How High Internet Use May Change Our Ability To Concentrate


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Writing in World Psychiatry, an international team of researchers suggest that Internet use "can produce both acute and sustained" brain changes, specifically in areas associated with cognition. This means everything from memory recall to attention to sociability could be affected by our affinity for social media and Google search. 

This might not sound like new news. There have been countless studies (not to mention many think pieces) lamenting the Internet and how it is turning us into a horde of unsociable, distracted zombies (and others that suggest it is not such a bad thing.) But in this large review, the authors considered various leading hypotheses on how the Internet may be impacting certain cognitive processes, examining findings from psychological, psychiatric, and neuroimaging research to see if they support the claims.


"The key findings of this report are that high-levels of Internet use could indeed impact on many functions of the brain," Joseph Firth, senior research fellow at NICM Health Research Institute, Western Sydney University and honorary research fellow at The University of Manchester, said in a statement. "For example, the limitless stream of prompts and notifications from the Internet encourages us towards constantly holding a divided attention – which then in turn may decrease our capacity for maintaining concentration on a single task."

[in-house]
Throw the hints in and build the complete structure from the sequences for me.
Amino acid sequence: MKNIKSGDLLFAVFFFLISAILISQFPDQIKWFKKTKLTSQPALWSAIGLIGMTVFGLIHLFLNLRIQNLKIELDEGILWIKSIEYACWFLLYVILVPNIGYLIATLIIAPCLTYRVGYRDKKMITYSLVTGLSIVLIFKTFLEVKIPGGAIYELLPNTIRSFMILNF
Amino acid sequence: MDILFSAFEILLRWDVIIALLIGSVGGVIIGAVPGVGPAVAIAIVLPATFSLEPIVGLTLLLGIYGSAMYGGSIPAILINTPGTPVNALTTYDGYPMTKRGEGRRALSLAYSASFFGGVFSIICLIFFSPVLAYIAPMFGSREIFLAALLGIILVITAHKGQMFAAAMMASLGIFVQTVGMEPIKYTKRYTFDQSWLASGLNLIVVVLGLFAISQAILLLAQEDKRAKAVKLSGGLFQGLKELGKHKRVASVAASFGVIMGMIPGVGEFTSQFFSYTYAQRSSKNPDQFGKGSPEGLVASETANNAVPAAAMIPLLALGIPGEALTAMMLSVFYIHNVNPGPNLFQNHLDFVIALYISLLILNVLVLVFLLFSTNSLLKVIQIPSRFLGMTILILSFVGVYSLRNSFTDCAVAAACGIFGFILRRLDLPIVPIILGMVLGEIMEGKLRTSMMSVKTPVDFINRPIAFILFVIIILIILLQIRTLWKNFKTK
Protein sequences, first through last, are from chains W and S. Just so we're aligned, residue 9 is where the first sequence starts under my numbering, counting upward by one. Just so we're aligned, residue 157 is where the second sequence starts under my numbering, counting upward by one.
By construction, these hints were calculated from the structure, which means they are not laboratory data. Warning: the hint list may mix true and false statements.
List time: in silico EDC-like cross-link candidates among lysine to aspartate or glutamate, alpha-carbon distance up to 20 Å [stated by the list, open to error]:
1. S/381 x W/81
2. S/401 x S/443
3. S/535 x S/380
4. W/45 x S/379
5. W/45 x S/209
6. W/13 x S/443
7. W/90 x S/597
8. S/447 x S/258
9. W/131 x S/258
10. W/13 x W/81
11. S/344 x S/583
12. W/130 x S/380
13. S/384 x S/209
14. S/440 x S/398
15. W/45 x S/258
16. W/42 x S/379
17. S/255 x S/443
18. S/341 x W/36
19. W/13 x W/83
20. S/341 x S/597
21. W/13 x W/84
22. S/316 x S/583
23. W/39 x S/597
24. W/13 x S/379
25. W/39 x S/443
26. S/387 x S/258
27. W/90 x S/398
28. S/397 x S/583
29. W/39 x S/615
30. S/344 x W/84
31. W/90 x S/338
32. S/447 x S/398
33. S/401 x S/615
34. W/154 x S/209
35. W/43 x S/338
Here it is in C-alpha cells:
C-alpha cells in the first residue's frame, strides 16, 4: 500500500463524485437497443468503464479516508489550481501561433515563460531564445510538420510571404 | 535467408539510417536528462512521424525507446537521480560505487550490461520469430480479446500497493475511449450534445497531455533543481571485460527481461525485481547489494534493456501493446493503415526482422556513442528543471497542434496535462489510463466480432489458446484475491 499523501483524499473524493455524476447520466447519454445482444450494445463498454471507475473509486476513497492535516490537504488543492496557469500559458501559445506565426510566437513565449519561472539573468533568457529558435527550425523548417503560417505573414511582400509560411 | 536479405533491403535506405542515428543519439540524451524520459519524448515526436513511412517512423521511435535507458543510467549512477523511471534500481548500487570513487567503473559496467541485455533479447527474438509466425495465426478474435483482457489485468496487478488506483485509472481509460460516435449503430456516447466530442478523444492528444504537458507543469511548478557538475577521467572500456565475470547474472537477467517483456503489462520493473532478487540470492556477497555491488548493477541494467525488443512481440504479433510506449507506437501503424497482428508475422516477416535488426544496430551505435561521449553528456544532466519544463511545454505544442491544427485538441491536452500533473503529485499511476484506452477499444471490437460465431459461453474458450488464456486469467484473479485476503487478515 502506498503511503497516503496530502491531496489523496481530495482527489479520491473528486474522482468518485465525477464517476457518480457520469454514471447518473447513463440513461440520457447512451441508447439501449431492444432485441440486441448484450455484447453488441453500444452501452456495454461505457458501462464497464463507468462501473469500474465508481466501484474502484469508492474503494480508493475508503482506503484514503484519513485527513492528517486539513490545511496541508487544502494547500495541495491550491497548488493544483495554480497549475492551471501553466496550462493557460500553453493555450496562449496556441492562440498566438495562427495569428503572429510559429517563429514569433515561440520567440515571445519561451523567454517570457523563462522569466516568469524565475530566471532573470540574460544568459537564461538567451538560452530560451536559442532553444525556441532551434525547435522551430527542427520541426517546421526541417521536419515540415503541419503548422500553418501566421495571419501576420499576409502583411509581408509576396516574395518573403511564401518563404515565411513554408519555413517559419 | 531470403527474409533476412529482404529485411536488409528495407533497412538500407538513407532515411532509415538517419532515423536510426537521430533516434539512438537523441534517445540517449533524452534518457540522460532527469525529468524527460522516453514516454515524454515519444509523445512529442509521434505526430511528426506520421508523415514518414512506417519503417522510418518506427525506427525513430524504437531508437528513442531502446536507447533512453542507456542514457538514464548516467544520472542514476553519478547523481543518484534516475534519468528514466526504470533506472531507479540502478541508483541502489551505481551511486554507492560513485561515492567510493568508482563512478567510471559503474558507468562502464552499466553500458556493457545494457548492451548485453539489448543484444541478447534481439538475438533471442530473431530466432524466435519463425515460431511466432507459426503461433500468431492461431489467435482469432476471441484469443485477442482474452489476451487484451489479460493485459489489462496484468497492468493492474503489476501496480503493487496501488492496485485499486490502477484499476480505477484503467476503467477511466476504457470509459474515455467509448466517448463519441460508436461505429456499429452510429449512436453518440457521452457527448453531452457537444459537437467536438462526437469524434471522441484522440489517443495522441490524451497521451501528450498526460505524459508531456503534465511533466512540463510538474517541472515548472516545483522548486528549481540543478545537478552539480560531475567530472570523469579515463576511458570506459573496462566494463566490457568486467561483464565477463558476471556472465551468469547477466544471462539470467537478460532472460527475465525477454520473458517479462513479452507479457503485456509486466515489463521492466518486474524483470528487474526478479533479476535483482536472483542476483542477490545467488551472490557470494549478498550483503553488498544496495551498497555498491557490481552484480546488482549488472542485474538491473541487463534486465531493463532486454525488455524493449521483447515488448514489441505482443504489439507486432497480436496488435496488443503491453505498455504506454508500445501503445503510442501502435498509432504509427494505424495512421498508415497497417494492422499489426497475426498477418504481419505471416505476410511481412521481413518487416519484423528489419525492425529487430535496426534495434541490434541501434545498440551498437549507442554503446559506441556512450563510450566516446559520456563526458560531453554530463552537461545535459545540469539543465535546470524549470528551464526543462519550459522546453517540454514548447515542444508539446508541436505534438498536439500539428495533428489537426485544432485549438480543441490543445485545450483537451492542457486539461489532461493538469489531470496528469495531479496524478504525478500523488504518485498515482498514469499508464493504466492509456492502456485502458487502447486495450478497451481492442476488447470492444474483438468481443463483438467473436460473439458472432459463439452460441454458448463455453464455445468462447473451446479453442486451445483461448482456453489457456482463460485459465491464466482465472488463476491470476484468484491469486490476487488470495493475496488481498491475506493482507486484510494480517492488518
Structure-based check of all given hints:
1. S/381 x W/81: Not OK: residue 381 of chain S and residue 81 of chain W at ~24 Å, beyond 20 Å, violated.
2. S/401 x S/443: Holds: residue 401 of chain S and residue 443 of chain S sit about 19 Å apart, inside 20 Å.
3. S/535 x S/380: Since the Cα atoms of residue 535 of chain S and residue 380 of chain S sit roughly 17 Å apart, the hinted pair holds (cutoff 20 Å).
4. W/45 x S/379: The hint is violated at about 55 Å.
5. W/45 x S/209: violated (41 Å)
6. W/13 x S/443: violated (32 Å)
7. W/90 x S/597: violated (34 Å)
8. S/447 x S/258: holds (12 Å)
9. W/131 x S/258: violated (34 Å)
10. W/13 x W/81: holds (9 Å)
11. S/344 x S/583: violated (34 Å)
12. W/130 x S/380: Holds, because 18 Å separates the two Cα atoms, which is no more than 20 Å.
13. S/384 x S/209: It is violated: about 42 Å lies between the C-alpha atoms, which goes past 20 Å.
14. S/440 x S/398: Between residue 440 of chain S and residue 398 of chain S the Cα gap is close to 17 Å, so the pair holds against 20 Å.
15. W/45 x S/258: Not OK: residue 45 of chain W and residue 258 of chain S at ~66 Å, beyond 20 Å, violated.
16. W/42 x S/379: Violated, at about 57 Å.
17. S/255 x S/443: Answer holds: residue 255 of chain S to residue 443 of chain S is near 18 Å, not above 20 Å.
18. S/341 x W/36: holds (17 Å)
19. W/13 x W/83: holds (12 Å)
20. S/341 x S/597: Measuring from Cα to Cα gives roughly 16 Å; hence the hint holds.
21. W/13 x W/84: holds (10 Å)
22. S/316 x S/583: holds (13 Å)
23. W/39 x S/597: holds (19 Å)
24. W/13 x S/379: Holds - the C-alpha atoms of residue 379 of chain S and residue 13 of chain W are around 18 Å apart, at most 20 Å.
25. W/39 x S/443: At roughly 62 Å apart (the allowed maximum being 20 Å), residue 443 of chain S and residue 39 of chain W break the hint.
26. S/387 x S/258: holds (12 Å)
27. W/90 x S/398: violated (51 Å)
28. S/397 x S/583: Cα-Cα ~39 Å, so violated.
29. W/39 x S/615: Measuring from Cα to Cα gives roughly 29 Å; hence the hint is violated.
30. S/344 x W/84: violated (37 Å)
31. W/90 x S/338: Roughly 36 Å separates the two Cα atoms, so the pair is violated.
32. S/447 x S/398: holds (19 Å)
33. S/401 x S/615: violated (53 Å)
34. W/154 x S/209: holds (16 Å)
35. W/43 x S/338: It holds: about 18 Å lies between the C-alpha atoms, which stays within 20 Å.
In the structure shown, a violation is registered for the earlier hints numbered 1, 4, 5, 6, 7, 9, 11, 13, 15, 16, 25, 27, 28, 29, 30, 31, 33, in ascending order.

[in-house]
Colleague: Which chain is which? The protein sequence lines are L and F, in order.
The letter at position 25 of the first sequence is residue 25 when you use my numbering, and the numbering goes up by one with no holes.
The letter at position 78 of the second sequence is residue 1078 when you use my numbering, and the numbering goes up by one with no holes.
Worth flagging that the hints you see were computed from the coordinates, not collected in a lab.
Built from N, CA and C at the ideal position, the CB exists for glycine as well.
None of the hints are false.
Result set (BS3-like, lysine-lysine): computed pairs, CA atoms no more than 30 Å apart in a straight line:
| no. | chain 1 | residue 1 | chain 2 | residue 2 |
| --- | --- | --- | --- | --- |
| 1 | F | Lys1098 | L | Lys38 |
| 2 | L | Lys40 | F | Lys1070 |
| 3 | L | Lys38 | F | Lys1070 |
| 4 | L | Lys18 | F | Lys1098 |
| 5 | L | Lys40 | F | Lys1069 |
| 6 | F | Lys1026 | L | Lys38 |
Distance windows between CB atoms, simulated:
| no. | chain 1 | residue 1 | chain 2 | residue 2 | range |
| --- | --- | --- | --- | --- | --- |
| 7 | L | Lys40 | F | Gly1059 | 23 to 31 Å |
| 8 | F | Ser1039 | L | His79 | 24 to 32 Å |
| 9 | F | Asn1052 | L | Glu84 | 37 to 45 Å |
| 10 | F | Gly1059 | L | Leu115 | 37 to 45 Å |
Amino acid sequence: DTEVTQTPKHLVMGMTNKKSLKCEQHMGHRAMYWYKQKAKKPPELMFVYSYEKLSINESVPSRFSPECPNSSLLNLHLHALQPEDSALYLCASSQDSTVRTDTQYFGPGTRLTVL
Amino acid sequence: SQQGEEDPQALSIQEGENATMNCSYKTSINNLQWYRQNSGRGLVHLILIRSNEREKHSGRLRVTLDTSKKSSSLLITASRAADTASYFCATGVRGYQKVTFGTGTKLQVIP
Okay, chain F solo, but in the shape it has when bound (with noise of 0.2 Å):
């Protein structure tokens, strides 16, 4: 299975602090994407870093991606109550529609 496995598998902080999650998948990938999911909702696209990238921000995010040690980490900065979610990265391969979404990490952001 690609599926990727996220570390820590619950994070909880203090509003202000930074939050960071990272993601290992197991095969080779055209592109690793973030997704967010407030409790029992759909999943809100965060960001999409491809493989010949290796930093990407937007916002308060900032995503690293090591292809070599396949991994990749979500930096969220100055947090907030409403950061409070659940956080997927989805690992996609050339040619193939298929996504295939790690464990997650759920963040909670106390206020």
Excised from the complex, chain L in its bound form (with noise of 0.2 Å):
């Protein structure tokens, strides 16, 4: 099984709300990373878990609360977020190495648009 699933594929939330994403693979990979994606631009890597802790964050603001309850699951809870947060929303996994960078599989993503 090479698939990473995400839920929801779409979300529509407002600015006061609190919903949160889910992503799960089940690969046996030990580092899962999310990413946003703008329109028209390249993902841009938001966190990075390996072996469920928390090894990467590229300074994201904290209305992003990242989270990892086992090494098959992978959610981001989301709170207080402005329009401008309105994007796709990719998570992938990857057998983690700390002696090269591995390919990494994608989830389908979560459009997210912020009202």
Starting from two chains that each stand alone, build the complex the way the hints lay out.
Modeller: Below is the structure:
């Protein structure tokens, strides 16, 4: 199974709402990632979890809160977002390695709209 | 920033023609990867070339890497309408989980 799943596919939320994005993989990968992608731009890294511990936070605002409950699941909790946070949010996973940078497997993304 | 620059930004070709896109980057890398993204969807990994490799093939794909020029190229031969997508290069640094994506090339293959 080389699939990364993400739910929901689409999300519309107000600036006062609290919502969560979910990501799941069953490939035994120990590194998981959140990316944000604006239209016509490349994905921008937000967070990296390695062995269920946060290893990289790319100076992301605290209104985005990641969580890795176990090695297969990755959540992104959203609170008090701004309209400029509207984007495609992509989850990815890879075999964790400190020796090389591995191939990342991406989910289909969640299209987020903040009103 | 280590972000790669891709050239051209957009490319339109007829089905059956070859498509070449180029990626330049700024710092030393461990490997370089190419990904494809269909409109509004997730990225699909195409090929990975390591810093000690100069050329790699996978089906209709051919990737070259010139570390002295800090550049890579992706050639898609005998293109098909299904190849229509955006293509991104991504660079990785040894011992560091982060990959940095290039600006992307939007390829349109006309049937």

This is supported by a 2016 study that found younger people who indulge in more media multitasking behavior require more cognitive effort to maintain focus when tempted by a distracting stimulus. Meanwhile, high levels of Internet use and media multitasking have been linked to decreased grey matter in the prefrontal regions associated with concentration.

But it's not just a problem concentrating  – the study authors also noted that the available evidence suggests the Internet could be affecting memory and sociability, even if the extent of this isn't fully understood. 

"Given we now have most of the world's factual information literally at our fingertips, this appears to have the potential to begin changing the ways in which we store, and even value, facts and knowledge in society, and in the brain," said Frith. 


He added: "It's clear the Internet has drastically altered the opportunity for social interactions, and the contexts within which social relationships can take place."

It's not all damming stuff. The study authors also suggest ways to minimize some of the Internet's more harmful elements. These include mindfulness exercises and something senior author Jerome Sarris, deputy director and director of research at NICM Health Research Institute, Western Sydney University, calls "Internet hygiene" techniques.

"To minimize the potential adverse effects of high-intensity multi-tasking Internet usage, I would suggest mindfulness and focus practice, along with use of 'Internet hygiene' techniques (e.g. reducing online multitasking, ritualistic 'checking' behaviours, and evening online activity, while engaging in more in-person interactions)," said Sarris.